Traditional recipes

Chocolate Roll-Out Cookies Recipe

Chocolate Roll-Out Cookies Recipe

Makes about 60 small or 20 large cookies Servings


  • 2 1/2 cups all purpose flour
  • 1/4 cup unsweetened cocoa powder
  • 1/2 teaspoon baking powder
  • 1/2 teaspoon ground cinnamon (optional)
  • 3 ounces bittersweet chocolate, chopped
  • 1 cup (2 sticks) butter, room temperature
  • 1/2 teaspoon vanilla extract
  • Sprinkles or other sugar decorations (optional)

Recipe Preparation

  • Sift first 5 ingredients and cinnamon, if desired, into medium bowl. Stir chocolate in metal bowl set over saucepan of simmering water until melted and smooth. Set aside. Using electric mixer, beat butter in large bowl at medium speed until smooth and creamy, about 2 minutes. Add sugar and beat until mixture is pale and fluffy, about 2 minutes. Add egg; beat until well blended, about 1 minute. Reduce speed to low and beat in vanilla and chocolate. Add flour mixture and beat on low speed just to blend. Gather dough into ball; divide in half. Form each half into ball and flatten into disk. Wrap disks separately in plastic and chill until firm, at least 4 hours. DO AHEAD: Can be made 2 days ahead. Keep chilled. Let stand at room temperature 30 minutes before rolling out.

  • Position rack in center of oven; preheat to 350°F. Line 2 baking sheets with parchment paper.

  • Working with 1 disk at a time, roll out dough between 2 sheets of waxed paper to 1/8-inch thickness for smaller (2-inch) cookies and 1/4-inch thickness for larger (3- to 4-inch) cookies. Using waxed paper prevents you from adding too much flour, which will make the cookies tough.

  • Using decorative cookie cutters, cut out cookies. Cold dough is much easier to work with. If it gets warm as you're cutting out the cookies, place the dough—waxed paper and all—in the freezer for about 5 minutes.

  • Use an offset spatula to peel away the excess dough and transfer the cookies to parchment-lined baking sheets, spacing 1 inch apart. Gather scraps, roll out dough, and cut more cookies, repeating until all dough is used. If not icing cookies, decorate with sprinkles or other sugar toppings, if desired.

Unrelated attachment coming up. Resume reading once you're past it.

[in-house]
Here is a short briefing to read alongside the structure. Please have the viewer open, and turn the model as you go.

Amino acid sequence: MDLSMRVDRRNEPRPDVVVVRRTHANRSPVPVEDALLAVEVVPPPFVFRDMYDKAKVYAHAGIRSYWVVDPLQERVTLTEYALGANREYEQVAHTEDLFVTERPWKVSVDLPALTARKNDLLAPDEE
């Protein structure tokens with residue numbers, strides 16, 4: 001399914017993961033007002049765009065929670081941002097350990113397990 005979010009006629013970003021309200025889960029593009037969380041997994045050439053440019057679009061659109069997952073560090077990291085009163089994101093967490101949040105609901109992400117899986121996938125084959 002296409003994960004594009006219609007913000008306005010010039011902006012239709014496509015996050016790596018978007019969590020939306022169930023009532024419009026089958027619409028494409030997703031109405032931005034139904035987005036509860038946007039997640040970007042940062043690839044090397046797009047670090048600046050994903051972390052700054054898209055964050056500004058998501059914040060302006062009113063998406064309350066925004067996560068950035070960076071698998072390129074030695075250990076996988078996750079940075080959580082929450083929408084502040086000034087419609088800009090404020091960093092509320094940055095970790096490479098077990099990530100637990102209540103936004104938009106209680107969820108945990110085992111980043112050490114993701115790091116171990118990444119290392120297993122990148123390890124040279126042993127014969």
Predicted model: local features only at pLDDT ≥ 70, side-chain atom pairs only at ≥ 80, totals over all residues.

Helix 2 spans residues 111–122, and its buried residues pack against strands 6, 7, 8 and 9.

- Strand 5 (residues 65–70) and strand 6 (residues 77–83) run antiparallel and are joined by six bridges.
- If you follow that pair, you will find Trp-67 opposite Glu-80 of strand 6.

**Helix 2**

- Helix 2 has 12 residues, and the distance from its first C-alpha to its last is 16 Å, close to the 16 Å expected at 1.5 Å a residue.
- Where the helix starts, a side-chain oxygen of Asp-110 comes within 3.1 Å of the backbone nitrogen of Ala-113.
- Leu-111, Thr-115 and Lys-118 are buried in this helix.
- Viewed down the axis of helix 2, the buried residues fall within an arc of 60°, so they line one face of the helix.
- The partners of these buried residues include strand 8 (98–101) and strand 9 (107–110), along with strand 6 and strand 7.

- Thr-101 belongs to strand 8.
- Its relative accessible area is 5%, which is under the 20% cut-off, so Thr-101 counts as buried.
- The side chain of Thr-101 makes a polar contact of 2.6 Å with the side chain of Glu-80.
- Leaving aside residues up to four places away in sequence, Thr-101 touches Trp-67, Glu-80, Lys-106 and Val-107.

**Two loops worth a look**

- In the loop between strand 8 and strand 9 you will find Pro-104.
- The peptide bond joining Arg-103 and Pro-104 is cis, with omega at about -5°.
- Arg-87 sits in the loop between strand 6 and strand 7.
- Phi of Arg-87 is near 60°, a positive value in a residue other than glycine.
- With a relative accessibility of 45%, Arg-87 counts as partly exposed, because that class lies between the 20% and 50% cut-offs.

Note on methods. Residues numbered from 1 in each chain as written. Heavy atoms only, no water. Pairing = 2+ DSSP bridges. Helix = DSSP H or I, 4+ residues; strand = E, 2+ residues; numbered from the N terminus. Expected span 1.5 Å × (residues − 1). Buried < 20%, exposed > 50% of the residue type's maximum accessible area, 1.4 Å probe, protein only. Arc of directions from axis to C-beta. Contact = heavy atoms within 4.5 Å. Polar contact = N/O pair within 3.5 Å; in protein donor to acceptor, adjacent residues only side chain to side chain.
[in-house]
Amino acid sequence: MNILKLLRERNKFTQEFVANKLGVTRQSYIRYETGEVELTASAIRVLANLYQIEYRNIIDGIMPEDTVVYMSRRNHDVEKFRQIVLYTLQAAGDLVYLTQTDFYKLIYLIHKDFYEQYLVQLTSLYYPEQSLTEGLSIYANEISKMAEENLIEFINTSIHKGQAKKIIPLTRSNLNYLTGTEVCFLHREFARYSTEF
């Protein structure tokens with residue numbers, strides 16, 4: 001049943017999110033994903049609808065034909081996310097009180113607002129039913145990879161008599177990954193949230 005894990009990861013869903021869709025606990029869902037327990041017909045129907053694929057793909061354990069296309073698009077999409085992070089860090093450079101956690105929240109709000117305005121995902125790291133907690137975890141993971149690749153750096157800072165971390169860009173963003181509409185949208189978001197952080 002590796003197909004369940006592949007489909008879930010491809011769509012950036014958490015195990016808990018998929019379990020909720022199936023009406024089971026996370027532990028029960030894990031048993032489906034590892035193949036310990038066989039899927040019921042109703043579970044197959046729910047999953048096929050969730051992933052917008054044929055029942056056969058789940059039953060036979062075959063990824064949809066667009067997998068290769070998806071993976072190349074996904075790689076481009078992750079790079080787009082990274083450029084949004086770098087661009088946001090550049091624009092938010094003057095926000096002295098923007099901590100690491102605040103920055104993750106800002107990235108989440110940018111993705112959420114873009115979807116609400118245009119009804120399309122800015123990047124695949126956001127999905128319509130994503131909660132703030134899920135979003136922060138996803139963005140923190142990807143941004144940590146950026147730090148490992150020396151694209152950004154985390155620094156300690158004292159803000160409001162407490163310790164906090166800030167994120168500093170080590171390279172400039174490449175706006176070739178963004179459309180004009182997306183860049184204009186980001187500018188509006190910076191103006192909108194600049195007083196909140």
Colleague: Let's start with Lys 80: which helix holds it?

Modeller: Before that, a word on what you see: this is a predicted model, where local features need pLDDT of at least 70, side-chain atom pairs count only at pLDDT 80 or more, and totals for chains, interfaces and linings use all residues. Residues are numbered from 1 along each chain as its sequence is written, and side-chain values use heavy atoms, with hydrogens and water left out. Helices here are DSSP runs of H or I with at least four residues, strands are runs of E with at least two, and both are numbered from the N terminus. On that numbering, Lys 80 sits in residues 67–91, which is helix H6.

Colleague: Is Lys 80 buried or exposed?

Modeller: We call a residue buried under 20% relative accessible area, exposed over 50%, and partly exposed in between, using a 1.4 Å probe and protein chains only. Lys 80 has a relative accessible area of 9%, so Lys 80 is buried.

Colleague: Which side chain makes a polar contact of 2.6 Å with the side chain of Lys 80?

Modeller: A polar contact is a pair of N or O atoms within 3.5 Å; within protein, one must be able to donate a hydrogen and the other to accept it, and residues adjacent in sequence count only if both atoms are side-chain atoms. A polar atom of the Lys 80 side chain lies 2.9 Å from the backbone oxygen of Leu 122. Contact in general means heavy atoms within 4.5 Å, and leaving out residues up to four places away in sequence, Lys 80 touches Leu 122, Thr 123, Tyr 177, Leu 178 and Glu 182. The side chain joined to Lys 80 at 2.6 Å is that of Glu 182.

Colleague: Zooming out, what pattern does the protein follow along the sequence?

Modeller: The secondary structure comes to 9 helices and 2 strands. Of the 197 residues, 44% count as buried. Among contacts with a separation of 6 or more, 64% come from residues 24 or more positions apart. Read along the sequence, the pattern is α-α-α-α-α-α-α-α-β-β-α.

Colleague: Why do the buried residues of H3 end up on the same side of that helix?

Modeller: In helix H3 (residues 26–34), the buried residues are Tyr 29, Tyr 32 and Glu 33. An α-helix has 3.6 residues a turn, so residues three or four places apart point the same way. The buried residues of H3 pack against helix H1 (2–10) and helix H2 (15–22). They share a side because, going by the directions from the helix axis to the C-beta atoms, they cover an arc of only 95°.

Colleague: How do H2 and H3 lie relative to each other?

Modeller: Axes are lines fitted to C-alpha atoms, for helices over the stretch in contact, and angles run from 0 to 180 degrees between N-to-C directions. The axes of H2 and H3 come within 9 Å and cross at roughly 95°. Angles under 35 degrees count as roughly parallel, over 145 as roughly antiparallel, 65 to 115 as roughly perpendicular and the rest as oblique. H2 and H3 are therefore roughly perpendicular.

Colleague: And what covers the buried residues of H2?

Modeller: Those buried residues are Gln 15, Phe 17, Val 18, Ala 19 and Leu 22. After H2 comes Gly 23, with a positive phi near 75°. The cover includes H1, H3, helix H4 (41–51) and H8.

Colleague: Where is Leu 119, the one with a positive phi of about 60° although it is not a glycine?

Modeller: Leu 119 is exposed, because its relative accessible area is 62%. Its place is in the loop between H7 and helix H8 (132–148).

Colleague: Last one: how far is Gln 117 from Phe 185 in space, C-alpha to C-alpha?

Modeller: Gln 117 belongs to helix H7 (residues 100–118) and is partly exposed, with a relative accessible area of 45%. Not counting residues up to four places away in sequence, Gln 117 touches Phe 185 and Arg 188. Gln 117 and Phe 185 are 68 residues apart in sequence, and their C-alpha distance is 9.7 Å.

• Bake 1 sheet at a time until cookies are firm on top and slightly darker around edges, about 9 minutes for smaller cookies and up to 12 minutes for larger cookies. Line baking sheets with fresh parchment as needed. Cool completely on rack. Decorate cookies with royal icing if desired. DO AHEAD: Cookies can be made 4 days ahead. Store between sheets of waxed paper in airtight containers.

Recipe by Dorie Greenspan,Reviews Section

Brownie roll-out cookies

Two weeks ago, Alex and I took advantage of the then-awesome weather and went out for dinner at a place with outdoor seating. One cocktail led to another and then Alex put his hand on my knee! No, just kidding. He actually suggested that we order dessert, and in particular, the homemade ice cream sandwiches on the menu. Who was I to argue?

The two tiniest, most precious ice cream sandwiches arrived a few minutes later and, you know, the ice cream, it was pretty good. But the sandwich? The two chocolate cookies? Forgive me for using this over-tired metaphor, but they were an almost Proustian experience.

You see, we made chocolate cookies exactly like that for Hanukah each year growing up. Why for Hanukah? Honestly, I have no idea. It might be that the only cookie cutters I remember were our Hanukah ones (a dreydel, menorah and Jewish star, the nuisance-y stamp type that it was impossible to get the dough out of) or that it was the only time my mother found the nuisance of rolling out dough worth it, but man, did I love those cookies, and I had to make them again, immediately.

I know what you’re thinking: chocolate roll-out cookies? How dull! But, well, I’m sorry–you’re wrong. What’s notable about these cookies is not what they are–which is, if you must know, intensely awesome–but what they’re not. There’s no sea salt in them, no melted 70 percent chocolate. There’s no brown butter or vanilla bean pulp or pinch of espresso powder. There is not a single thing in them we’d probably jazz them up with today, and instead of fighting this simplicity, I encourage you to revel in it.